As Turkey is gripped by an unusually dry autumn and winter that has increased the worries of prolonged drought over the summer, particularly in the country's economic and cultural capital Istanbul, an expert body has called for more investments in the city's water supply pipelines over huge amounts of leakage.
Almost 22.3% of the water supplied to Istanbul from various sources do not even reach the grid due to leaks, Medet Güney, the board secretary of the Istanbul branch of the Chamber of Environmental Engineers (ÇMO), told Demirören News Agency (DHA) Tuesday.
A study, conducted by the professional body, a member of the larger Union of Chambers of Turkish Engineers and Architects (TMMOB), showed that some 236.9 million cubic meters (8 billion cubic feet) of water out of a total of 1.6 billion cubic meters is wasted due to leaks in the 22,000-kilometer (13,670 miles) pipeline network that provides water to the city from springs, rivers and dams.
Current calculations show that Istanbul's dams only have enough water for 60 days, Güney said, adding that one can drop 15 days from this timetable due to leaks on the main supply lines.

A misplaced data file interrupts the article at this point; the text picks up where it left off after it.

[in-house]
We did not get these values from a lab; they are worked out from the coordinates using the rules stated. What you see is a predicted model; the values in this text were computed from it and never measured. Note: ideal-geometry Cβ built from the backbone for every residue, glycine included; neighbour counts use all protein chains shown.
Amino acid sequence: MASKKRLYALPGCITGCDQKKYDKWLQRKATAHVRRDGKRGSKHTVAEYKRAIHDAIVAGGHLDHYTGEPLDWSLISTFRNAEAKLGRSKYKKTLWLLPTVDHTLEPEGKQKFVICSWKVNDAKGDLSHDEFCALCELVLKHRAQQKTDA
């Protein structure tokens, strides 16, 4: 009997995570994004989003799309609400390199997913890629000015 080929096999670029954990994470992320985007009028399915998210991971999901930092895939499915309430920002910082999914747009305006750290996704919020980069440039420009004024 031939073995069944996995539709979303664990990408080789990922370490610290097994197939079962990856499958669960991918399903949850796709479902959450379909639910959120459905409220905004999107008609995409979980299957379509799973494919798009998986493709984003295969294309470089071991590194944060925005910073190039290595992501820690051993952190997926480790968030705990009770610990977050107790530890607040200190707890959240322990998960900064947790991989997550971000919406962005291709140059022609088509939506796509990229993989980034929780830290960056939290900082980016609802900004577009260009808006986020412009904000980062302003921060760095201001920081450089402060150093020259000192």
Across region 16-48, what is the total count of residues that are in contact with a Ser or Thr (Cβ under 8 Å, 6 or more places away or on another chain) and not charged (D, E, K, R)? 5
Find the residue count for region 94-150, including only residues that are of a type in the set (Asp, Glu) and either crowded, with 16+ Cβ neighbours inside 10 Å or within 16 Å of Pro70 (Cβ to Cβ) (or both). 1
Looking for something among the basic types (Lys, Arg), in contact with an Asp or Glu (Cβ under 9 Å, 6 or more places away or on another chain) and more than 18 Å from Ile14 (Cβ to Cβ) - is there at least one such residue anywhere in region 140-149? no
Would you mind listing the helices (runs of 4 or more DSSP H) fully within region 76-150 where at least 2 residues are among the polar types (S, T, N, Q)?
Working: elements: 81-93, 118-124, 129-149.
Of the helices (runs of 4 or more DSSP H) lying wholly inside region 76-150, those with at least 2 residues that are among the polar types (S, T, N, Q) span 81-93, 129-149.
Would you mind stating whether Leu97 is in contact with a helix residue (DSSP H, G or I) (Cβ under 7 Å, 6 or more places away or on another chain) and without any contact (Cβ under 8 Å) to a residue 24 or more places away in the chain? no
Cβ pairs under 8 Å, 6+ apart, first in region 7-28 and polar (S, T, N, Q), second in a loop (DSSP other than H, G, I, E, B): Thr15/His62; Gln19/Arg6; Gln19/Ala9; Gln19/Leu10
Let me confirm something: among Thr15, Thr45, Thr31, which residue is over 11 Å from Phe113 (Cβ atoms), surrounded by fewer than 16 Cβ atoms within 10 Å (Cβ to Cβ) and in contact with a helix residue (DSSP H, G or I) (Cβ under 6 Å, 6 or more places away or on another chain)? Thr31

Water levels in Istanbul's dams, administered by the Istanbul Water and Sewerage Administration (ISKI), stand at 21.6%, the lowest in a decade.
Citing an ISKI report released Iast year, he said 25% of Istanbul's water, corresponding to a daily flow rate of 700 million cubic meters, comes coming from Melen River, located some 200 kilometers east of the metropolis.
"We can say that all water coming from Melen is going to waste instead of being supplied to our people," Güney said. He added that there is an additional 2%-3% leakage at water meters and tanks.
The leakage rate should urgently be brought down to acceptable levels of 5% through significant investments, he said.
The study also points out that water use has increased by 14% due to COVID-19 pandemic.
Unfortunately, Istanbul and its surrounding regions are not alone in facing the prospects of prolonged drought. Similar low precipitation trends worry public officials and farmers all over the country and even prompted a nationwide prayer for rain, led by the Presidency of Religious Affairs (Diyanet), on Friday, Dec. 11.
The Ministry of Agriculture and Forestry also unveiled an action plan last week for a countrywide drive to build underground dams and irrigation channels while supporting municipalities to replace their decaying water supply network.
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